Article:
With Gratitude

I am honored that Crow Feathers, Red Ochre, Green Tea, my first collection of poetry, is forthcoming from Hiraeth Press at the end of this month. Please see the first press release and my author’s page:


As a child, I dreamed of being a writer.  I have written most of my life — journaling, writing poems, letters, stories and essays. I wish to express gratitude for all those who encouraged me in my writing – beginning with Mrs. Franklin, my sixth grader teacher and Mrs. Aragon, my high school English teacher, who posted one of my essays on the bulletin board declaring me a writer.  When I was seventeen, I had my first poem published in a small anthology of collegiate writers.    Since then, over the decades, I have continued to write, submit poems for publication from time to time, and read voraciously.

My intention for my poetry is to offer richly textured poetic renderings of natural landscapes and emotional nuances in response to those landscapes.   I weave concerns for global warming, social inequities, and health care together with images of birds, plants, animals, breath, evoking our interconnectedness with all sentient beings and the spiritual universe.   My poems reflect a deep sense of care for and rootedness in the natural world, and my thankfulness to be alive.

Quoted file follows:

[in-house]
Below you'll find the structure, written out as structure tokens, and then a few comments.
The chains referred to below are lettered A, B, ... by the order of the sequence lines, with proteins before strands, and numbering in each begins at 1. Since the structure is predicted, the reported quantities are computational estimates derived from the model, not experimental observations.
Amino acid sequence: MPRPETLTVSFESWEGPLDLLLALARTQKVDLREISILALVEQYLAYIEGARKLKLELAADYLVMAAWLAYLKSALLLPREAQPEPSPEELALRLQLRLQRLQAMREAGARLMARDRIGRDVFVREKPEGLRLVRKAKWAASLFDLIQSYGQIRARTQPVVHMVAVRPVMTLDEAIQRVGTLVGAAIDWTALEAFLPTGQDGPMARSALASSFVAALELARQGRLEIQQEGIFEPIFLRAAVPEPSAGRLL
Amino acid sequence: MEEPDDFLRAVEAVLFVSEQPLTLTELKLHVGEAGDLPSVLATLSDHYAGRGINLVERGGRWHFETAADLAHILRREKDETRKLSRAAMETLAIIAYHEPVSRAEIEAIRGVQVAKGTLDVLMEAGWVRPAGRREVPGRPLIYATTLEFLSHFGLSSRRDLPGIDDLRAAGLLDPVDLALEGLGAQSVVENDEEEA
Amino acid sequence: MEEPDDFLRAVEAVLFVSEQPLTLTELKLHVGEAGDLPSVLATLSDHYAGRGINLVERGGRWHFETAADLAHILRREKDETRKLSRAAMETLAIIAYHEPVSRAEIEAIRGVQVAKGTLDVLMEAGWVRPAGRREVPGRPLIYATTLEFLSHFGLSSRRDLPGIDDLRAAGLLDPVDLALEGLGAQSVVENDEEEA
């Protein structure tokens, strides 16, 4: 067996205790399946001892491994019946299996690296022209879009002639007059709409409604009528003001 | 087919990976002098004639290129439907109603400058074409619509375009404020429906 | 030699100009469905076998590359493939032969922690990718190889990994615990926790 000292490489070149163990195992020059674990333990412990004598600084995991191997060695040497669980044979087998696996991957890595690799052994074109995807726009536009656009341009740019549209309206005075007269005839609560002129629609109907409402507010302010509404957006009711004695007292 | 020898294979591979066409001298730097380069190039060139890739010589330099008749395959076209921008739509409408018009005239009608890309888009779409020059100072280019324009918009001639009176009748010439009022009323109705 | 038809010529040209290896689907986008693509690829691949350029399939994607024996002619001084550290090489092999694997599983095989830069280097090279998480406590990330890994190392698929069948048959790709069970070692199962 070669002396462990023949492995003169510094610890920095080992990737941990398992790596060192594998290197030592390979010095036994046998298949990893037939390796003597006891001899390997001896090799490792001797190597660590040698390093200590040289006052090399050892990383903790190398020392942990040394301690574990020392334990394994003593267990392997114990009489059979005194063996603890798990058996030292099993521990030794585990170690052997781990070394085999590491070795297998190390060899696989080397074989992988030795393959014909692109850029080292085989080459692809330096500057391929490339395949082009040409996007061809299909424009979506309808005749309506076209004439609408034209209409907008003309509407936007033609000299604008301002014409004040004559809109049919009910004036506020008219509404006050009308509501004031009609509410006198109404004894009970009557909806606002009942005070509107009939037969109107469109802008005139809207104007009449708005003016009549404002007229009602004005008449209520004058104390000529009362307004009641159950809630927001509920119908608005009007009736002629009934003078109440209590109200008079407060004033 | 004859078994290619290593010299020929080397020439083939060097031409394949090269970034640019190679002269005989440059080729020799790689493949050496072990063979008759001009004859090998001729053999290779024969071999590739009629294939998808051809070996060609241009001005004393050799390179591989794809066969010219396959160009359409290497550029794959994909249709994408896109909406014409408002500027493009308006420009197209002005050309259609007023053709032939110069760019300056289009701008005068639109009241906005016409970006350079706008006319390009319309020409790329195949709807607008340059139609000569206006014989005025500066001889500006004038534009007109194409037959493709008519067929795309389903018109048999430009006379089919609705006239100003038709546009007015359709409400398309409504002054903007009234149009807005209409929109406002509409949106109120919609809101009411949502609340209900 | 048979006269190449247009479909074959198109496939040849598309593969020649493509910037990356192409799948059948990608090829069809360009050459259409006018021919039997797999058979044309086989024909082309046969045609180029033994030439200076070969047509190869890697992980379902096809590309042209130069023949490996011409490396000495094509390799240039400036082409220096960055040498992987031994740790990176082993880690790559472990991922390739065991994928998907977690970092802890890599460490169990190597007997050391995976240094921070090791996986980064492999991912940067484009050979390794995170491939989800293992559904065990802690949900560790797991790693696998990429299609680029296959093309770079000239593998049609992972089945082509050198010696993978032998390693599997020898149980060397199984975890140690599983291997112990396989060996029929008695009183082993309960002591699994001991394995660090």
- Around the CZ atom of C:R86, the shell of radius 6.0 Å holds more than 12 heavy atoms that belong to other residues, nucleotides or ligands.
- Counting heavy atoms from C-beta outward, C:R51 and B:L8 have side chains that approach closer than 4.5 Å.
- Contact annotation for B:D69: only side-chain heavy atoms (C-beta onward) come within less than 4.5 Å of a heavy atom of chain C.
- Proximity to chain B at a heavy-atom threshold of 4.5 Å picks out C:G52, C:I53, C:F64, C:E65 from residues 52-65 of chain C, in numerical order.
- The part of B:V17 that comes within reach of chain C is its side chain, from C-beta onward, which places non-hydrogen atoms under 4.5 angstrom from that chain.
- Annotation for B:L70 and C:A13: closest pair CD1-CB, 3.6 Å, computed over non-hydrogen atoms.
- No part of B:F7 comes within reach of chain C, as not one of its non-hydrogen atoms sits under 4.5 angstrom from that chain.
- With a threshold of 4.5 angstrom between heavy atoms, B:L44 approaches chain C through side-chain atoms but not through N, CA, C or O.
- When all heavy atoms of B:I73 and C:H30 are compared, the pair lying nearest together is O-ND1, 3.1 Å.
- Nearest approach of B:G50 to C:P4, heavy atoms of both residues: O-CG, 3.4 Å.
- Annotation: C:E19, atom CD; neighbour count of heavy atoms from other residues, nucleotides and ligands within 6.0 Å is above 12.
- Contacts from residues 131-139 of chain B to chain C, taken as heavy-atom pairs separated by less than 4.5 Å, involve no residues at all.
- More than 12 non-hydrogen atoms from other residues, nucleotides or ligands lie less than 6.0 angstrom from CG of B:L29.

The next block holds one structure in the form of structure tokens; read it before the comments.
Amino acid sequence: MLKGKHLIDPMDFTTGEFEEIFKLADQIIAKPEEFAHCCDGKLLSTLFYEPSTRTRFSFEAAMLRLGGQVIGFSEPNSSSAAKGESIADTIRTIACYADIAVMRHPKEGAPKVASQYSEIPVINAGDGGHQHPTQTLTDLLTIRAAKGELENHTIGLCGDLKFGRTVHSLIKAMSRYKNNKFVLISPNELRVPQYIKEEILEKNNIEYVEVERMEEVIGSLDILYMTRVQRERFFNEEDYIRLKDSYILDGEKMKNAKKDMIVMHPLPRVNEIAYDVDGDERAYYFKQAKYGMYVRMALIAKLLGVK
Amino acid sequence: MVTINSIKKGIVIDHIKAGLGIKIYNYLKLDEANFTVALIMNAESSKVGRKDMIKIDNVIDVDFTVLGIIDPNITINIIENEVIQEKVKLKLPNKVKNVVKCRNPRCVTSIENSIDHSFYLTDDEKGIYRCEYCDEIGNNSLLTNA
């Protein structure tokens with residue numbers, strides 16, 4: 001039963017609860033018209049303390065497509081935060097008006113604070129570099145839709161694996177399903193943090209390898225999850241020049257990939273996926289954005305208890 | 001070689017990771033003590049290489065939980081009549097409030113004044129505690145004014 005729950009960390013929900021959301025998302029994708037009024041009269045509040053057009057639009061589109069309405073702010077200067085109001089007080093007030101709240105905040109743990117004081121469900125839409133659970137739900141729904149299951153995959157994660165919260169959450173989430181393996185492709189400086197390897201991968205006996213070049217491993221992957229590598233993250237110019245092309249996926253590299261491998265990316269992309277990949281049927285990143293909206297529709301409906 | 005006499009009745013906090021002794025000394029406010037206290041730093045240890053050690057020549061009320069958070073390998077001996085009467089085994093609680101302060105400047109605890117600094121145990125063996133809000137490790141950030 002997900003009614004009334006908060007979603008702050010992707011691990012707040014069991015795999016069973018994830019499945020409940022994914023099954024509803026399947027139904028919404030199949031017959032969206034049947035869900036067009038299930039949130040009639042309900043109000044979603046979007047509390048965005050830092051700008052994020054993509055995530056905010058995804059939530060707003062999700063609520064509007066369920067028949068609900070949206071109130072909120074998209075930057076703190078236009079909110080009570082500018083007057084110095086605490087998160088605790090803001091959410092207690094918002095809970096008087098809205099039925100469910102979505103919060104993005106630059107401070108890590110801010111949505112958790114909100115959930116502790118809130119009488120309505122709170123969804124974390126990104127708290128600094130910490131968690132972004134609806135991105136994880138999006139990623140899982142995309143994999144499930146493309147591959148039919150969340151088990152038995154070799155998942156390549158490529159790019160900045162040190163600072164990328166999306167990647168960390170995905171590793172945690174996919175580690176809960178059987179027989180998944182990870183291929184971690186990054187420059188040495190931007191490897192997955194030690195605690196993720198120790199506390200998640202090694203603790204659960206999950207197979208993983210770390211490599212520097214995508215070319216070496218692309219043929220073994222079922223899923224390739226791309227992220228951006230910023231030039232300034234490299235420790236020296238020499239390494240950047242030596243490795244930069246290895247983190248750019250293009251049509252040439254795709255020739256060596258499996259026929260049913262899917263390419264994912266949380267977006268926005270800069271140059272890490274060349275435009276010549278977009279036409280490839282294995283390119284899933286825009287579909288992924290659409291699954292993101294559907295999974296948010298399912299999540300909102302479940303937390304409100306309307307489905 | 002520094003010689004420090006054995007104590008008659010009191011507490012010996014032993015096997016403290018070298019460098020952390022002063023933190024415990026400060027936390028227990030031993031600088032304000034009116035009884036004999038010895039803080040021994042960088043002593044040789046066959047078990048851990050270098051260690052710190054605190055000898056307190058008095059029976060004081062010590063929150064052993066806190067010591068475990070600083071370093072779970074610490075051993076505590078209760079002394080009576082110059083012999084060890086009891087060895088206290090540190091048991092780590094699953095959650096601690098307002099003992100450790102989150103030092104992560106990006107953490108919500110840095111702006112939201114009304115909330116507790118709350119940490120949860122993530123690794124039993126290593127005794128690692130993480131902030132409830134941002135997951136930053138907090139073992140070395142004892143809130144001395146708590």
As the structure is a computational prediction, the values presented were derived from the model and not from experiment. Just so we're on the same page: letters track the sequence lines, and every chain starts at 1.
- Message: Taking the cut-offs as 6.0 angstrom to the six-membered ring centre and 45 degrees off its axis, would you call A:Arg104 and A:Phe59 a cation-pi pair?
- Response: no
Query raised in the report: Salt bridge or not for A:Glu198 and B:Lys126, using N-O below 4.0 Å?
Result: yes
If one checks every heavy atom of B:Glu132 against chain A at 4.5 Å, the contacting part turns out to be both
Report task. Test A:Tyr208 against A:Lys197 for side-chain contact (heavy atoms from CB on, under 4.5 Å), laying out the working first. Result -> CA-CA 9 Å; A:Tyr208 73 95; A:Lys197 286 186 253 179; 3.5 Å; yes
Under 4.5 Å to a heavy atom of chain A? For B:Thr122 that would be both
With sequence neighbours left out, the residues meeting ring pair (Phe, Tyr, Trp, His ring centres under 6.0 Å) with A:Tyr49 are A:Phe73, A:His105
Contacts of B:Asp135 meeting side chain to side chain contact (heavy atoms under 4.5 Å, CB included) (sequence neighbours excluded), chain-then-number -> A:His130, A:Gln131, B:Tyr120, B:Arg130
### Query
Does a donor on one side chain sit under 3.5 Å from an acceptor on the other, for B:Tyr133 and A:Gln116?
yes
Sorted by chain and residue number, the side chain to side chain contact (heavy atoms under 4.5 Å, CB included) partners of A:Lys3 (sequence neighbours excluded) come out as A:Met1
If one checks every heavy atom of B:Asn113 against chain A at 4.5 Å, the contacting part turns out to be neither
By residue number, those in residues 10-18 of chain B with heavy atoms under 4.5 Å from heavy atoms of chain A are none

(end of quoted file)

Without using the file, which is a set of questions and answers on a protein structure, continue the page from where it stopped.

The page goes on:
Again, with gratitude to many dreamers, two-leggeds, four-leggeds, winged ones and the cosmos for inspiration and support.


photo by Kim Campbell



Within the Breath


                                              Within the Breath

White flowers on lemon balm, basil

our minds wander amidst spices

through consciousness of well-being

focused, present, a small flower spider

a soft peppermint leaf,  a crow feather

and all the blackbirds gathered below us

red-winged, solid black, sheer garnet, obsidian

in which one sings, one holds nothing

except the song, the singing

symmetrical, immediate

green tea, prayer wheel, snail labyrinth

the soul is sensitive to images

to what is in us, the hemoglobin

platelets, the resonance of cellular memory

to what is before us, the light gathered

crow, staircase, basil, rose

this evening we face the west, sun dappled faces

maple leaves, blackbirds, shadows, breath

in which one breathes, one holds everything.

— Gwendolyn Morgan

Honorable mention Elizabeth Bolton Poetry Prize

Written River: A Journal of Eco-poetics, Summer Solstice 2013, p. 53

forthcoming in Crow Feathers, Red Ochre, Green Tea, Hiraeth Press, 2013.



Angelina is a rescue donkey who lives at Lavender Dreams Farm, a lovely home and Donkey Rescue.   This winter she inspired me to complete this 30″x30″ acrylic on canvas painting, which premiered at the First Unitarian Church Fine Arts Show April 12-14, 2013.   Donkeys are gentle creatures who have been sorely mistreated — and yet who gently remind us of our interconnection with all sentient beings.  Some donkeys offer healing via equine therapy as they are able to not only sense but also relieve others of emotional and spiritual pain.


Donkey Graces


“If a donkey brays in the morning,

Let the hay makers take a warning;

If the donkey brays late at night,

Let the hay makers take delight.”[i]

— for Angelina


Plant three rows of organic heirloom carrots.

Buy a dozen pink ladies, apples from the orchardist down the lane.

Remember to have your hair styled, her hooves trimmed.